NZ mortgage debt lifts as LVR cap starts to bite

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By Leith van Onselen

The Reserve Bank of New Zealand (RBNZ) yesterday released its household credit data for the month of September, which revealed an acceleration in the growth of New Zealand mortgage debt, which increased to an annual pace of 5.8%: the fastest pace of growth in five years (see next chart).

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The growth in household debt has been outpacing nominal GDP growth since June 2012, meaning that the ratio of mortgage debt to household disposable income has lifted 3% to 86% as at June 2013 (see next chart).

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The acceleration in mortgage credit growth is probably expected given the recent surge in New Zealand house prices, where values surged by 9.8% in the year to September, driven by 17.5% growth in Auckland (see below charts).

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Credit growth does appear to have slowed recently, however. In October, the RBNZ began to cap the proportion of 80%-plus loan-to-value ration (LVR) mortgages that can be issued by New Zealand’s banks, which appears to have slowed the growth of housing finance commitments. As shown by the below charts, housing loan approvals appear to have turned down, although it is obviously early days:

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With the new limits on high LVR lending now in force, we may very well have witnessed the peaking of New Zealand mortgage credit growth.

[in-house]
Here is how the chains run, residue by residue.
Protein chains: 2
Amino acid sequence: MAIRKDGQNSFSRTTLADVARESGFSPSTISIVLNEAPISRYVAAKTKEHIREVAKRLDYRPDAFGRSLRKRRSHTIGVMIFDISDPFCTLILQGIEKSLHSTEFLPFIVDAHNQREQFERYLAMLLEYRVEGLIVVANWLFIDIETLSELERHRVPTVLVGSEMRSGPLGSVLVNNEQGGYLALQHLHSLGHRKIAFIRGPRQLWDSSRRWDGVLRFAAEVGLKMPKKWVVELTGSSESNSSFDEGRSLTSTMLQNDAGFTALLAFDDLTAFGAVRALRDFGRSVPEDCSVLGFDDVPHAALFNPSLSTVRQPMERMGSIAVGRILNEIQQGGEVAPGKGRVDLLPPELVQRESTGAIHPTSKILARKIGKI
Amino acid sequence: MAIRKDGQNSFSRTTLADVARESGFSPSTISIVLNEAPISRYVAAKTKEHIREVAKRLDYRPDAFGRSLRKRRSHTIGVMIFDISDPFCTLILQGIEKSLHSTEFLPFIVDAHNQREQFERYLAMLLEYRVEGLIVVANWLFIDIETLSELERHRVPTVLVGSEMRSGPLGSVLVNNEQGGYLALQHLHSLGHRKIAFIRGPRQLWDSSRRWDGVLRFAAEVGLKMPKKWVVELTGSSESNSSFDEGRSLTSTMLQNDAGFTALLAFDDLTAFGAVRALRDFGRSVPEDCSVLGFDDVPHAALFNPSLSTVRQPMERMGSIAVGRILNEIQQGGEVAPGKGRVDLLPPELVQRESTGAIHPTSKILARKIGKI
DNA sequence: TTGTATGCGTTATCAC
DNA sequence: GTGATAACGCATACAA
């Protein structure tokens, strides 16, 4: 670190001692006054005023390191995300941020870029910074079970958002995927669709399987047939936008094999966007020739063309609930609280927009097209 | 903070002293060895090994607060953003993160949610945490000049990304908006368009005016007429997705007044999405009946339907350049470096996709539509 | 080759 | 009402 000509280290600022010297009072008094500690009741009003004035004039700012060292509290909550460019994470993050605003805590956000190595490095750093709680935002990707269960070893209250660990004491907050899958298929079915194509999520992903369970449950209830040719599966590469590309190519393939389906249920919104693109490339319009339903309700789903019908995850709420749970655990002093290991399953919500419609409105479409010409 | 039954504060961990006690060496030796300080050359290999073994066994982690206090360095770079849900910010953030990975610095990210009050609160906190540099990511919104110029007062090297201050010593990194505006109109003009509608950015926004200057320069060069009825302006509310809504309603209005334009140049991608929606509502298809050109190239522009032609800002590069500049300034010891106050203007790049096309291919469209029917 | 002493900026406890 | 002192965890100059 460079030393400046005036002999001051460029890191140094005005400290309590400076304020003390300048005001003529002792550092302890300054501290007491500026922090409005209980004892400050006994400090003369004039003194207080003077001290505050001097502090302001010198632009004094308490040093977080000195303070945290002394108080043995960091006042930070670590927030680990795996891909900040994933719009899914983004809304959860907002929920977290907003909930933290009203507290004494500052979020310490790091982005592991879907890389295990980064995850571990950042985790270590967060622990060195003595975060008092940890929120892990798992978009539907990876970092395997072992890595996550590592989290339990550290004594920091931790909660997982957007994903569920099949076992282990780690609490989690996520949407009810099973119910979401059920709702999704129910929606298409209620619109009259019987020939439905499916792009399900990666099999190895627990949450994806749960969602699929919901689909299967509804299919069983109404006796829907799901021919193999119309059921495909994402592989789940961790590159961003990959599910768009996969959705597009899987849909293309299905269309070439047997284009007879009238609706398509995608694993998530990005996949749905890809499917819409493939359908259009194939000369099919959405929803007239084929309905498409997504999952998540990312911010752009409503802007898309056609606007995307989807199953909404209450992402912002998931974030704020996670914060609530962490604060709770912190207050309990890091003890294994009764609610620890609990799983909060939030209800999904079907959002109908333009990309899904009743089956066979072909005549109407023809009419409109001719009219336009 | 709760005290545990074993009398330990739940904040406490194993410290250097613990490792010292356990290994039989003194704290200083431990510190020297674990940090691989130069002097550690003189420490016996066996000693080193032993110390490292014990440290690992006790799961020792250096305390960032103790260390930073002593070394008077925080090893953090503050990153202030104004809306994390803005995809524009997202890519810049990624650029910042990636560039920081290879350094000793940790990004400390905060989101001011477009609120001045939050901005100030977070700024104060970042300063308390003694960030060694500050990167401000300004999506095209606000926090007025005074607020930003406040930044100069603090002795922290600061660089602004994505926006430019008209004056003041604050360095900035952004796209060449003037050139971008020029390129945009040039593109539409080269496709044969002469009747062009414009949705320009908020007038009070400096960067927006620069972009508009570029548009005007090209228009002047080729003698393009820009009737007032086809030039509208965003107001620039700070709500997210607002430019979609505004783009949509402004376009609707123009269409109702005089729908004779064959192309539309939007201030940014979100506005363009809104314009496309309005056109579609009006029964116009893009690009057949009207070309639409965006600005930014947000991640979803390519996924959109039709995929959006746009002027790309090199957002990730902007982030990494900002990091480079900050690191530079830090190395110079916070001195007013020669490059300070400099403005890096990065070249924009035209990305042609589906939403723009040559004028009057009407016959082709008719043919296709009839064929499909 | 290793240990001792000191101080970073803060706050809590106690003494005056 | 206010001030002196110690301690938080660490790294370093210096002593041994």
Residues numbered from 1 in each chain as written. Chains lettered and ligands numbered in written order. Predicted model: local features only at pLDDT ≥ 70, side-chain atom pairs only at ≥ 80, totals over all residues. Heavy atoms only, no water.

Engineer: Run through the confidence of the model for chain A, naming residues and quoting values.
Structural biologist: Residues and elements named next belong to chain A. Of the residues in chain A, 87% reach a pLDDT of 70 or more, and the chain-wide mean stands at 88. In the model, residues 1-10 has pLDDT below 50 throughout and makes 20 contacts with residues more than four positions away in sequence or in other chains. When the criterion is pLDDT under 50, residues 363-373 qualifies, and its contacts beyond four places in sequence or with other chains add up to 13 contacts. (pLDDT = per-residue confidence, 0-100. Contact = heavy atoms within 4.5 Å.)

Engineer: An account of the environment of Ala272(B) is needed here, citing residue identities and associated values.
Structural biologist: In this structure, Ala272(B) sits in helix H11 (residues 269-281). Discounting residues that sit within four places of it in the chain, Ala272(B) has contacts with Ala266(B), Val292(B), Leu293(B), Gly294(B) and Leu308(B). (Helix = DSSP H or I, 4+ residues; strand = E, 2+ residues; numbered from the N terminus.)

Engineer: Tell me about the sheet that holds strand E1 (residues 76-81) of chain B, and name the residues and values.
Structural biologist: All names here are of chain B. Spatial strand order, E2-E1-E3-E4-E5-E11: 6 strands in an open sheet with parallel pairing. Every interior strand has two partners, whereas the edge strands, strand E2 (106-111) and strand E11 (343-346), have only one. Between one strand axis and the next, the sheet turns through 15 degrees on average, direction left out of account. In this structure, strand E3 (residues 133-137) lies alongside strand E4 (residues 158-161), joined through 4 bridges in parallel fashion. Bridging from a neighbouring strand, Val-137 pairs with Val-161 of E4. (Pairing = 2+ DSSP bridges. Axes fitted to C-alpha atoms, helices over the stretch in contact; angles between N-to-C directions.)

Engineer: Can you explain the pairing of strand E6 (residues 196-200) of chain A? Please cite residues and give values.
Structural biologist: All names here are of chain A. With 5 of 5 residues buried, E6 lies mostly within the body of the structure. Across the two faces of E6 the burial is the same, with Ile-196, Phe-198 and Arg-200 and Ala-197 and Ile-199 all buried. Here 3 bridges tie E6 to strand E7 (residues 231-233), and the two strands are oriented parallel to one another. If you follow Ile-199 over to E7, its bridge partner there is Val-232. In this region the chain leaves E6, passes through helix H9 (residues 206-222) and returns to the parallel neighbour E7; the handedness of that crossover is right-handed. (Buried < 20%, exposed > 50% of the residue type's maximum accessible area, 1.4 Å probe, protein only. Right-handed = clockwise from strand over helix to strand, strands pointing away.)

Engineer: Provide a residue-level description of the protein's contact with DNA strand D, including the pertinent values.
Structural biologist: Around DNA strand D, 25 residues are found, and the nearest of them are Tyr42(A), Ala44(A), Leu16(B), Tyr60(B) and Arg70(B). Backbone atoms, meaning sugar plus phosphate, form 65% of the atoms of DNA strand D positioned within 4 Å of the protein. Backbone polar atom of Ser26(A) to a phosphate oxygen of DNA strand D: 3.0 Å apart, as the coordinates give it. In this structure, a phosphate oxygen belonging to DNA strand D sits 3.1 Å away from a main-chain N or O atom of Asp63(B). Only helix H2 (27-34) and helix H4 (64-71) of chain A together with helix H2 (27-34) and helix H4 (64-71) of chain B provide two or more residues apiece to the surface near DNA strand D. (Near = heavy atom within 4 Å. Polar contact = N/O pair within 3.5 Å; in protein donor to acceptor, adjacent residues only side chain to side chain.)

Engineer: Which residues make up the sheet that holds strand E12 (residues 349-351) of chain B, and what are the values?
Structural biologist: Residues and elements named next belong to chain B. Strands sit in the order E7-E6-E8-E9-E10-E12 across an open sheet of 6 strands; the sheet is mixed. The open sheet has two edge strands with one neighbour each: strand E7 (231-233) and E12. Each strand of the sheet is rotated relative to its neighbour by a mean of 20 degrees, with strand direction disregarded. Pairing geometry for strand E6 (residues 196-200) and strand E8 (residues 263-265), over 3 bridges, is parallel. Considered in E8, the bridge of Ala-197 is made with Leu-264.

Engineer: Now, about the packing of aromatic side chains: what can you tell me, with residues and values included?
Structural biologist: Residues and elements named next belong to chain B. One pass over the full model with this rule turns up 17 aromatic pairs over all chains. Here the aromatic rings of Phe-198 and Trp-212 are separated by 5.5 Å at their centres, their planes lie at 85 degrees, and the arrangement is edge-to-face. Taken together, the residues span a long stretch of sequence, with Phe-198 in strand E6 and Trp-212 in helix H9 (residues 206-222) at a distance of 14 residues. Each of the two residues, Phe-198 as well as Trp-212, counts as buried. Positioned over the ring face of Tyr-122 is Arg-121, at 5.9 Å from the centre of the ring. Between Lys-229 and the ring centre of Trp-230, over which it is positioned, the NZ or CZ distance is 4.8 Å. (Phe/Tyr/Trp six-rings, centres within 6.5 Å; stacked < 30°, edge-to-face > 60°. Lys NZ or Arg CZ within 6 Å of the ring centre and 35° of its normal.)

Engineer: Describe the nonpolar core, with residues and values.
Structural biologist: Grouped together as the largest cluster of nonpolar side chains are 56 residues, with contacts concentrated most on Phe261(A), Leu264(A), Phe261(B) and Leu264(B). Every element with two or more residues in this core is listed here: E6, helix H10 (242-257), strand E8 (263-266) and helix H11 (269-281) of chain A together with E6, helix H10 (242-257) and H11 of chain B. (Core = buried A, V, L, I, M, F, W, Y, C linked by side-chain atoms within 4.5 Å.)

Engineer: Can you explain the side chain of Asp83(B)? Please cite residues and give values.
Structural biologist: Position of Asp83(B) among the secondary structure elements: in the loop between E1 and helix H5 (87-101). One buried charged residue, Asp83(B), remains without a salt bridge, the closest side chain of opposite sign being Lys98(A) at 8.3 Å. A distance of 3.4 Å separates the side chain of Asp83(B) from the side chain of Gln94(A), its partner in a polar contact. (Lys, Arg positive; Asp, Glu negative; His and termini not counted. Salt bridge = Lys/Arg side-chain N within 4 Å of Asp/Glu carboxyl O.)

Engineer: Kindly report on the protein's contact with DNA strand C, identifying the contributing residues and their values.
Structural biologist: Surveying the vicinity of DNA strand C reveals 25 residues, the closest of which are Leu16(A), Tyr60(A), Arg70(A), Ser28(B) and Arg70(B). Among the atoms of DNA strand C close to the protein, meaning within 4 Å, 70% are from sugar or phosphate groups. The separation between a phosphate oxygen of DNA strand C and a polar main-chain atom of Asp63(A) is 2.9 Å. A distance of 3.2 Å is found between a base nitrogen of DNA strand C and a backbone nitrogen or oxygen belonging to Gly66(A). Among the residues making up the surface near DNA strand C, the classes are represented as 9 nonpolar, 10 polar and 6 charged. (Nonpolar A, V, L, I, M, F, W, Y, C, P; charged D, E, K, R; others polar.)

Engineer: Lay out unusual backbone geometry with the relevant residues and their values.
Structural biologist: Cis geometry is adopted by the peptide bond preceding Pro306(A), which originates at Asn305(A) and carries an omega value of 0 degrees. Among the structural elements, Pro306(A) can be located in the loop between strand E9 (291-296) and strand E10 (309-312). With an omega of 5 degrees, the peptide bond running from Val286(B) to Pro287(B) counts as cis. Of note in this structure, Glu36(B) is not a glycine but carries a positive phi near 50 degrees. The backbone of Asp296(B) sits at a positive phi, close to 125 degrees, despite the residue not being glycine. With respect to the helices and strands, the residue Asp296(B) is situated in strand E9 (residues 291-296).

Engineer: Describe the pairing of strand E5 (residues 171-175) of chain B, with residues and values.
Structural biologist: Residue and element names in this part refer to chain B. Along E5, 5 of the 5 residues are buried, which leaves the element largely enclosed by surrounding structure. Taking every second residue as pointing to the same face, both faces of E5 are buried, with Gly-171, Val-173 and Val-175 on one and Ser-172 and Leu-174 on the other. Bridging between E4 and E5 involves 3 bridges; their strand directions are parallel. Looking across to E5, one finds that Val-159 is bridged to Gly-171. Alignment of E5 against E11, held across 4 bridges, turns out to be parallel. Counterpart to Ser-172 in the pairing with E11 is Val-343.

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Leith van Onselen

Comments

  1. Mortgage or any other type of credit in New Zealand will soon be shown to be controlled by one thing – interest rates, not attempts at credit control solely designed to keep the property ship afloat! See that last graph?; Look at what happens in the 2006/7 period when the OCR was ramped up to 8.25% and there was nothing else done. That’s what you call credit control…..(NB: And then look at what happened when the OCR was dropped to 2.5% !)

    • Yes – often the simple things in life are best.

      But at least with NZ following the Churchill comment about Americans “Eventually doing the right thing after trying everything else first” Australia will finally be able to answer the question.

      Does MP allow a Central Bank to run a debt pumping low interest rate monetary policy safely?

      Stay calm and observe.

    • That seems to be the case J. Very few people look at the balance sheet any more, the only question is can the cash-flow sustain the debt.

      The is of course borne of the near certainty that asset prices will increase come what may thanks to the central bank puts.